Saturday the fourth of March marked the beginning of the thirteenth edition of Identità Golose, the international food congress, that gather in Milan chefs, journalists and people of the food industry to speak about the new trends in the best restaurants in Italy, and abroad.
This year the theme continued last year’s topic “La Forza della Libertà” (the Strength of Freedom), but the focus was on Travel.
Identità Golose is a great opportunity of learning. I attended the first day and that’s what I learnt and discovered.
1. LOCAL PRODUCTS, IDEAS FROM THE WORLD
“It’s the ideas that have to travel the world, not the produces”. With this sentence Cesare Battisti immediately shows his opinion about the theme and the current situation. No more low-cost sea basses or salads from Australia and Israel, but more products from local producers, worked with the chef’s creativity, using ideas and techniques from all over the world. An example is one dish Battisti presented, la Polenta e il Capriolo (Polenta with roe deer), where the meat is served as a tartare, made with the tataki tecnique, and where he used a self-made fermented lentil sauce, instead of the soya sauce.
2. KITCHEN AS THE PLACE OF CULTURAL STRATIFICATION
“Future is connecting deep roots with new branches, so that you can generate new fruits. And the kitchen is the place where this happened at first”
Maybe, it’s because her restaurant, L’Argine a Vencò, is located at the border between Italy and Slovenia, but Antonia Klugmann has always been opened to the “other”.
And so, one of the dishes she presented – Rapa, crauti e tartufo (Turnips, sauerkraut and truffle) – is based on a specific variety of cabbage, which is fermented following the tecnique of the “queen of fermentation”, a girl from Ukraine who belongs to her kitchen crew. The cabbage is mixed with 5-7 % of salt, and some apples, which help the fermentation and give more aromas.
3. FROM ASIA WITH LOVE: THE FERMENTATION
In Europe we usually associate it with bread, wine and beer, but in Asia they have always fermented vegetables and sauces. Fermentation was a fil rouge during Saturday in Identità Golose: the fermented lentil sauce, made by Cesare Battisti, the sauerkraut of Antonia Klugmann – that I spoke about in the previous paragraphs – and one of the dishes prepared by Valeria Mosca, expert in foraging and cuisine, and founder of Wooding Lab.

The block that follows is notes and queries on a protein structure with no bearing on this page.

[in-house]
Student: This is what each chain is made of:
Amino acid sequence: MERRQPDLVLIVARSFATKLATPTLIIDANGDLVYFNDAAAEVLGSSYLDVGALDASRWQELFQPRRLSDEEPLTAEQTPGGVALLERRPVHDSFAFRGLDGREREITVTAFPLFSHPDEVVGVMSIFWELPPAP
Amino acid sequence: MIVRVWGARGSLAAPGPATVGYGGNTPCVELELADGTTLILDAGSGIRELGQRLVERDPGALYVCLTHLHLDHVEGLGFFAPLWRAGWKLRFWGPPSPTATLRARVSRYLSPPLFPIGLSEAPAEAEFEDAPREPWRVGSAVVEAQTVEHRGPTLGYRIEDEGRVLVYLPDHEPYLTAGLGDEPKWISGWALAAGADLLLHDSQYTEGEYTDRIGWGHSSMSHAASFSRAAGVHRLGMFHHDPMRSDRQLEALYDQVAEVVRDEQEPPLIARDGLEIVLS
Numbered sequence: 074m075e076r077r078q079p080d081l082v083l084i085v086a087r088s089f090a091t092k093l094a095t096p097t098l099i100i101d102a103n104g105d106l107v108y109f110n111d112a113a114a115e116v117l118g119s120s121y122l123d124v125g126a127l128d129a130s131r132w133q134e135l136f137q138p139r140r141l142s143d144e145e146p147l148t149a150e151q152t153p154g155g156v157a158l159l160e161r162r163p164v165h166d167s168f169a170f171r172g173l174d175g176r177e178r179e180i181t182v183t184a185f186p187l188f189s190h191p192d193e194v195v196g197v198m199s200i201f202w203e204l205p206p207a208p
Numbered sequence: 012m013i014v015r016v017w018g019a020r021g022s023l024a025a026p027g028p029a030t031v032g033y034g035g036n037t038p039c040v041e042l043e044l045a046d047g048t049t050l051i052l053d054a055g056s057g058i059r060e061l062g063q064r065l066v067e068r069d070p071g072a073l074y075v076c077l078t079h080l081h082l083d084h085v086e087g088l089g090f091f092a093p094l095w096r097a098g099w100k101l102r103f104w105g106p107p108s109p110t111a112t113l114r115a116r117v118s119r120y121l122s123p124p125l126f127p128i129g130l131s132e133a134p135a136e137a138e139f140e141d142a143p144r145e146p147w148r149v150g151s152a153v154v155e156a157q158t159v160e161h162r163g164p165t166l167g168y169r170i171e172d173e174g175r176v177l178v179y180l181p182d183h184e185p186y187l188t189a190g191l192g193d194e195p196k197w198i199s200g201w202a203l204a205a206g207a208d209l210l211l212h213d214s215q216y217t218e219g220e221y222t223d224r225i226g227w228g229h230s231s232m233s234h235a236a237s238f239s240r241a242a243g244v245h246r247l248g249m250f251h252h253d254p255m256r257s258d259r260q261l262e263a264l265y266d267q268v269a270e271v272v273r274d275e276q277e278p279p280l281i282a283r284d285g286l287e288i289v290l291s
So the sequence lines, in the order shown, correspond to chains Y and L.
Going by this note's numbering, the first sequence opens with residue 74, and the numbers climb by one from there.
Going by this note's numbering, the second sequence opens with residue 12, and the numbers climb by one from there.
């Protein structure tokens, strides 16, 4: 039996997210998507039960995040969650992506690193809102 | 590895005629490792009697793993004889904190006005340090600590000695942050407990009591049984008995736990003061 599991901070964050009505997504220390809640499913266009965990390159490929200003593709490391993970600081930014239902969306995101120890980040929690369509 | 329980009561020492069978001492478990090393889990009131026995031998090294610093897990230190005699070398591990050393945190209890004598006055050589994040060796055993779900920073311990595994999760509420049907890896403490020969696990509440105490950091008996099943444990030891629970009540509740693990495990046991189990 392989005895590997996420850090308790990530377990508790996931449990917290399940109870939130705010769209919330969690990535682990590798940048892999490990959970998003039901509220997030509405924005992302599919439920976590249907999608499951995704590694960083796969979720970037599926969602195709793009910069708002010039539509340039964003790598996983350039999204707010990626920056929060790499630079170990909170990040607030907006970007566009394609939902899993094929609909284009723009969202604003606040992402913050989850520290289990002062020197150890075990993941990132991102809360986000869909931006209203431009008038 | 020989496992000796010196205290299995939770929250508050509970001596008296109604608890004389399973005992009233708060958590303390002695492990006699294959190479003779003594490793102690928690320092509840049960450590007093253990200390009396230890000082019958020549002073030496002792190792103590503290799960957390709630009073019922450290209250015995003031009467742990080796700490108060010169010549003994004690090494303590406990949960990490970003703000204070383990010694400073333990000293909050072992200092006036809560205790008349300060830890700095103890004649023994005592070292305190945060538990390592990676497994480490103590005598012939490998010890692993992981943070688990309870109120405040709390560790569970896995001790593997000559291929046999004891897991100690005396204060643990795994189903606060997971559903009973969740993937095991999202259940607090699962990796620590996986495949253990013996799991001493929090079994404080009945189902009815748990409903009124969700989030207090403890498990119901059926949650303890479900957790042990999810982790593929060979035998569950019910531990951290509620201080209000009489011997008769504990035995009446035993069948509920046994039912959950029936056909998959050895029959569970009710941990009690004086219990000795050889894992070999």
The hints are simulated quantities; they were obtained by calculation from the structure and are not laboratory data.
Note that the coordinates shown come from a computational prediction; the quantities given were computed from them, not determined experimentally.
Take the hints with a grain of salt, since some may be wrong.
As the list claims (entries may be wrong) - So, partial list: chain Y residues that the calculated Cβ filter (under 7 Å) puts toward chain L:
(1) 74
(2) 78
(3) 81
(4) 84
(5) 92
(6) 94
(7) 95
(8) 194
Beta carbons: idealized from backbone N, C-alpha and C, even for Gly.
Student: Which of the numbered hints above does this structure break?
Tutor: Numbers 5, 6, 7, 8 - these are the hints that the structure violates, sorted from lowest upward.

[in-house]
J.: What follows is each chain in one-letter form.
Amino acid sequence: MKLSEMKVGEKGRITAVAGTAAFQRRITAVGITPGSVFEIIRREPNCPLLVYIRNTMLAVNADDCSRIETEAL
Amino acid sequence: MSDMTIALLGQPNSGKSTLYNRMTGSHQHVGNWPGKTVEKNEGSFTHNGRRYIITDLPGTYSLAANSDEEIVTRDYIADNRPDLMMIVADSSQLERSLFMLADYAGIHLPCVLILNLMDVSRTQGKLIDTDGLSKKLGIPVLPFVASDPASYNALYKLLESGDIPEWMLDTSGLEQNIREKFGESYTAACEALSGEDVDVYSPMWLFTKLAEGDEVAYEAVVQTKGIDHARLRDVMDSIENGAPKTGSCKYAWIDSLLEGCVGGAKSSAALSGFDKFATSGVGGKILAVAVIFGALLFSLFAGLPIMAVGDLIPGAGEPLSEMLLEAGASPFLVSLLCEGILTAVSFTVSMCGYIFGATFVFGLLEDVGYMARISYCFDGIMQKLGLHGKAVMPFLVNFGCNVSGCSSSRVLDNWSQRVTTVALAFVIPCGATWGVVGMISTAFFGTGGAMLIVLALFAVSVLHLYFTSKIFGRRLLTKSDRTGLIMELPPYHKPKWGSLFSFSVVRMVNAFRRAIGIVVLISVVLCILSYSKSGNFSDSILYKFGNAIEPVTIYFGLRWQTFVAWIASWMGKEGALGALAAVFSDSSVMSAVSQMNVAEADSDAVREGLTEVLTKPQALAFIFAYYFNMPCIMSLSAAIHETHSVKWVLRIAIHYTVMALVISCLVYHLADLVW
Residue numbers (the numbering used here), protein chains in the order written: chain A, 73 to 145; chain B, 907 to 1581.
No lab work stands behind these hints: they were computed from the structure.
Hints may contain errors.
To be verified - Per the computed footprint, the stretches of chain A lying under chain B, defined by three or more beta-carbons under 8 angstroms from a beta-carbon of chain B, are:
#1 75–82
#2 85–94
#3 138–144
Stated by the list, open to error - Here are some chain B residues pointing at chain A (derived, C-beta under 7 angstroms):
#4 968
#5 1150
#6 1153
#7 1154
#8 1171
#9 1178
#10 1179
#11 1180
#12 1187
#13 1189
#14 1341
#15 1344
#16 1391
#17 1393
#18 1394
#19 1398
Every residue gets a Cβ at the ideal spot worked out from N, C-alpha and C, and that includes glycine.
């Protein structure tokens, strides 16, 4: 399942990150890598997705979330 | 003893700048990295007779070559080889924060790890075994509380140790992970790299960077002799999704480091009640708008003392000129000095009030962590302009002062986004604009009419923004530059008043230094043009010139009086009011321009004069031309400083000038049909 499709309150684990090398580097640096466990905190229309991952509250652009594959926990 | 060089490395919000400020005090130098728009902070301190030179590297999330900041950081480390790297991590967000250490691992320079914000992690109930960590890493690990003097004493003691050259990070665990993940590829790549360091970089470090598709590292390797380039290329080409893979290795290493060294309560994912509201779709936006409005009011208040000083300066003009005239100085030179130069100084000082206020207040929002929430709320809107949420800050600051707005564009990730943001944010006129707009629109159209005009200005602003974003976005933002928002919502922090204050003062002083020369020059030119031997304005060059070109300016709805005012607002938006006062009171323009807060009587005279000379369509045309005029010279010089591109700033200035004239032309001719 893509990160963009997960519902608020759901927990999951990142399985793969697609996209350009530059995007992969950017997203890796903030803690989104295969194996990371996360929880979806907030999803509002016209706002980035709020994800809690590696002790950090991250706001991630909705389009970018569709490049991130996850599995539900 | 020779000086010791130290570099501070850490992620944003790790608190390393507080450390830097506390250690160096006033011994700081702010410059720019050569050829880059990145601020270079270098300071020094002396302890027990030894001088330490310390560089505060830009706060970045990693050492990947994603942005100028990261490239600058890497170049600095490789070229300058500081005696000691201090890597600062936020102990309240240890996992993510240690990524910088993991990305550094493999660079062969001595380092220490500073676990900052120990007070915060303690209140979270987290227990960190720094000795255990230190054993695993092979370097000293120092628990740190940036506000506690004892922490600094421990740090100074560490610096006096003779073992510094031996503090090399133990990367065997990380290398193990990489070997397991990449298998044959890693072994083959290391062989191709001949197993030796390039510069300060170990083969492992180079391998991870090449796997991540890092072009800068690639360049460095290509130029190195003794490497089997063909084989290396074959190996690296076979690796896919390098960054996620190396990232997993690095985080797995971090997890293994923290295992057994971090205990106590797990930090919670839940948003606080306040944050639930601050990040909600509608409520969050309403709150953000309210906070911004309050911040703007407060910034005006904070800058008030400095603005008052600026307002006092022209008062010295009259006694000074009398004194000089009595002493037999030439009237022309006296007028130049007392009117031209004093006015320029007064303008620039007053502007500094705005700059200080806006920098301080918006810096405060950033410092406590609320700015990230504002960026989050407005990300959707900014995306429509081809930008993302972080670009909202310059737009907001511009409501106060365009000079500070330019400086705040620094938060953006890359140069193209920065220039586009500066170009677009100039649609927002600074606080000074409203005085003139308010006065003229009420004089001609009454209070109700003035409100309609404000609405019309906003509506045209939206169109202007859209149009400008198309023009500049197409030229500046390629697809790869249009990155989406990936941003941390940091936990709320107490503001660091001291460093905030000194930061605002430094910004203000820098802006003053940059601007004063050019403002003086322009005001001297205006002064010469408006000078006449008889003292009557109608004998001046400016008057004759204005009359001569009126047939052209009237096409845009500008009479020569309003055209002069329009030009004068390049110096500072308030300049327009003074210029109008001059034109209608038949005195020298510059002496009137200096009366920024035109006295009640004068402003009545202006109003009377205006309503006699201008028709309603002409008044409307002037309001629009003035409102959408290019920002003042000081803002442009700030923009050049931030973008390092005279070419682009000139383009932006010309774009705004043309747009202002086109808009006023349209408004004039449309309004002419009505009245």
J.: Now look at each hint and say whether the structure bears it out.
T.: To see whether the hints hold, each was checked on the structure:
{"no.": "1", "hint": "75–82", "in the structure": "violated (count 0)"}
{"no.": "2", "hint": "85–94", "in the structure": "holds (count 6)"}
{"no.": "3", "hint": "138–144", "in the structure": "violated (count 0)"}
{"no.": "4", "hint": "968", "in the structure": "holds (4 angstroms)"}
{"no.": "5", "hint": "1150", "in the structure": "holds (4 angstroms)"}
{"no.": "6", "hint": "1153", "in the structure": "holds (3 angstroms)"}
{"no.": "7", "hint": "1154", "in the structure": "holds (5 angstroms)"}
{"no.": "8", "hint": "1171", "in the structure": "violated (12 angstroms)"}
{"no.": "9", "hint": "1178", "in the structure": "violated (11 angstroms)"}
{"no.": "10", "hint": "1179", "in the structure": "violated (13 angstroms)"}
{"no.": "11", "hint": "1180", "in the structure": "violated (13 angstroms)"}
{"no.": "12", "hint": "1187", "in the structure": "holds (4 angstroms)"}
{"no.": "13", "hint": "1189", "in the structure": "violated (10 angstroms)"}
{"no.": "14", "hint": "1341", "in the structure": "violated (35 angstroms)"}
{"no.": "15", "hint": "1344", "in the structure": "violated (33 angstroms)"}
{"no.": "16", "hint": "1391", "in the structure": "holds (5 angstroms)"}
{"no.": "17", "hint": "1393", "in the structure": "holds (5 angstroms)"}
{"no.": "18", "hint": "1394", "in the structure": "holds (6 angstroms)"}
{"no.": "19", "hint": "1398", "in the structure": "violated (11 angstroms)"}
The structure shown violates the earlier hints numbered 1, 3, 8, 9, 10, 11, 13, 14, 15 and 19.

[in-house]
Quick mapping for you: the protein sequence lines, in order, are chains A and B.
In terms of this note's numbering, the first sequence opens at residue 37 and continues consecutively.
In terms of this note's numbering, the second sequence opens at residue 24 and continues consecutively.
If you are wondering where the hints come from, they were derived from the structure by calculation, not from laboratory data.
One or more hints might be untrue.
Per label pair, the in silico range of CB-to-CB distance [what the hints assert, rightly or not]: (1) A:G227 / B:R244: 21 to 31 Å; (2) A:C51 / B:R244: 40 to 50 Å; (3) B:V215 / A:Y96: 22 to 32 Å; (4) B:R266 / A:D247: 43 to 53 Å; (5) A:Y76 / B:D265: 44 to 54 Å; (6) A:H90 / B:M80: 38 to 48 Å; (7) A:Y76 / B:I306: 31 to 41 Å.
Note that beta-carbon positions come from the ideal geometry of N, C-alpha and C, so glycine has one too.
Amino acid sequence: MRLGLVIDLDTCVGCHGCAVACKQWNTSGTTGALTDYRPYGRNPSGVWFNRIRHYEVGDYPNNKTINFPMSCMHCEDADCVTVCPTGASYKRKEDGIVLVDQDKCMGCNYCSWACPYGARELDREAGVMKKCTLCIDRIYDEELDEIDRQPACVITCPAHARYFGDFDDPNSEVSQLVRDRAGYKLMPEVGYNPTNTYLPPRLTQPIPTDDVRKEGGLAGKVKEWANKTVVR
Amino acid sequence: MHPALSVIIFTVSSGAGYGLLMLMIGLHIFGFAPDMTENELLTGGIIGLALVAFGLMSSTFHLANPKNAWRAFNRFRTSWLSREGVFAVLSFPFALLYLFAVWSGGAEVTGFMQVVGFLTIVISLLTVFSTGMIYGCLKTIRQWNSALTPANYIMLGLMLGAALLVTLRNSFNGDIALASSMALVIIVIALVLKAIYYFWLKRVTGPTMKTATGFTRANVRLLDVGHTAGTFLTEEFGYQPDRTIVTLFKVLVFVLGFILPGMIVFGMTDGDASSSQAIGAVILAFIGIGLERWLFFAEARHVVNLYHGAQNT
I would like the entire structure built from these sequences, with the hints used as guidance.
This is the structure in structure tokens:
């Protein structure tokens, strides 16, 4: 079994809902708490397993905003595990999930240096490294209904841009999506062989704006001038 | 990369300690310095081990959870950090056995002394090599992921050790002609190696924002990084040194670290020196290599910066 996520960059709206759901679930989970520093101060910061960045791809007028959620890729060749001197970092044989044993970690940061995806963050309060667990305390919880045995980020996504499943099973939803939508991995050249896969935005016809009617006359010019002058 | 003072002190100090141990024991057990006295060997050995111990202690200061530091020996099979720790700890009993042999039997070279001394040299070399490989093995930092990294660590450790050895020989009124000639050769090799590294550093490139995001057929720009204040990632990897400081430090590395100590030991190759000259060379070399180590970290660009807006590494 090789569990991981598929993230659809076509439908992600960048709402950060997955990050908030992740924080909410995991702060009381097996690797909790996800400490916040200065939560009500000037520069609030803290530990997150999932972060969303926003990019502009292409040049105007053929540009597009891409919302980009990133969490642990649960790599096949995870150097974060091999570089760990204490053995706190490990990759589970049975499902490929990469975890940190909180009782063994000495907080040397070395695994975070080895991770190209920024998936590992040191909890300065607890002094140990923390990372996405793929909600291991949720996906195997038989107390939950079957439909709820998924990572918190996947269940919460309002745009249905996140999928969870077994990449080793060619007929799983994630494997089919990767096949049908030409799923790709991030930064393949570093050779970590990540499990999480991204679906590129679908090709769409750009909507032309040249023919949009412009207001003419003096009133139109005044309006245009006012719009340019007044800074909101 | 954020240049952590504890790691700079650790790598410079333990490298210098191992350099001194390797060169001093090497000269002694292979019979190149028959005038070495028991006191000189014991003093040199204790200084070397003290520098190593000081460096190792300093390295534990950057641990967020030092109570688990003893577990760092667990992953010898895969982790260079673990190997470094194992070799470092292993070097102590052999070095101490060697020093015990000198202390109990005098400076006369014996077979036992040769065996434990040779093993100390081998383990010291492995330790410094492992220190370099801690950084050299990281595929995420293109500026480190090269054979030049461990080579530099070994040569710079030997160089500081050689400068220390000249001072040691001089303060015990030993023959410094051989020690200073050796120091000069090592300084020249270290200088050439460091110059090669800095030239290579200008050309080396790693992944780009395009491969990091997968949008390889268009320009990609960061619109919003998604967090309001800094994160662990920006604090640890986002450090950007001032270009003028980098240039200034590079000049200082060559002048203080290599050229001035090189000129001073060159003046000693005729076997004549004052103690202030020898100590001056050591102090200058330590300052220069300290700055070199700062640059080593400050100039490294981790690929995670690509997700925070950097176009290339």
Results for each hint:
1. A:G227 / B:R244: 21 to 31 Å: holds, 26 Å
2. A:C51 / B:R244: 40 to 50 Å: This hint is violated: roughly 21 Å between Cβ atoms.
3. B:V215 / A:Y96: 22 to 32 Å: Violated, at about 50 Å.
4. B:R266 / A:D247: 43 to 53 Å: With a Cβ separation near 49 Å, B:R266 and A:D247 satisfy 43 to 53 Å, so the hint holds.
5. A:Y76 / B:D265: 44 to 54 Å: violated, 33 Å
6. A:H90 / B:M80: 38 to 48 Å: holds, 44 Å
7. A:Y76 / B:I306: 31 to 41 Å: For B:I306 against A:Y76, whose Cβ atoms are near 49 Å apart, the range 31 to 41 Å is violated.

In her Bottarga di lago con mele selvatiche fermentate due volte (lake fish eggs with double-fermented wild apples), the apples are subject to a first lacto-fermentation and then to a quick alcoholic fermentation. Valeria Mosca also unveils that the fermentation was already used in our Alps for some specific herbs, such as Rumex Alpinus.
4. SWEET CONTRASTS
The afternoon in Sala Auditorium was all dedicated to pasticceria, with an introduction made by Iginio Massari.
I couldn’t miss the speech of Corrado Assenza, the eclectic pastry chef and owner of Caffè Sicilia in Noto, who shows us his concept of a dialog between savoury and sweet, where the pastry chef has the task to find the natural sweetness of food.
On the stage he describes dishes balanced between sweet and savoury, as the Beef of Franco Cazzamali, marinated in honey for seven days and then combined with salicornia and candied ginger. Or the sorbet of mauro catanese, a seaweed usually sold with coquillages at the fish market in Catania, and here served with a grapefruit sorbet.
5. SEASONALITY AND THE INTEGRITY OF PRODUCES
“Seasons are determined by the wild produces”. That’s how Paolo Lopriore, chef of Il Portico in Appiano Gentile, recalls us the concept of a true seasonality, while preparing his dish of Cucina Conviviale – Sciatt, patate affumicate, bietole, olio di noce e nocino (Sciatt with smoked potatoes, small chards, walnut oil and nocino) – created to reawaken our palate after winter.
Nothing is more seasonal than a wild herb. Valeria Mosca showed us different edible flowers, herbs and roots, from the most known wild garlic, to the dog’s tooth violet, a flower now available in her area in Brianza, which has the flavour of a sweet almond (it’s true, I tasted it).
Not only seasonality, but also respect for the integrity of produces. Cesare Battisti in his Risotto con cime di rapa, salsiccia di Bra e croccante di aglio, olio e peperoncino doesn’t waste anything of the vegetable (he sauté the rapini tops and make an extract with the leaves).
Also Antonia Klugmann shows her will to respect the produces, without wasting anything and giving back their integrity on the plate. In her dish the fennel is destroyed and then recreated with its elements: the heart is cooked in its broth, and combined with liquorice, star anise and chocolate; the stems are the crunchy component; the leftover are braised and used for a puree; finally the pollen of fennel flowers.
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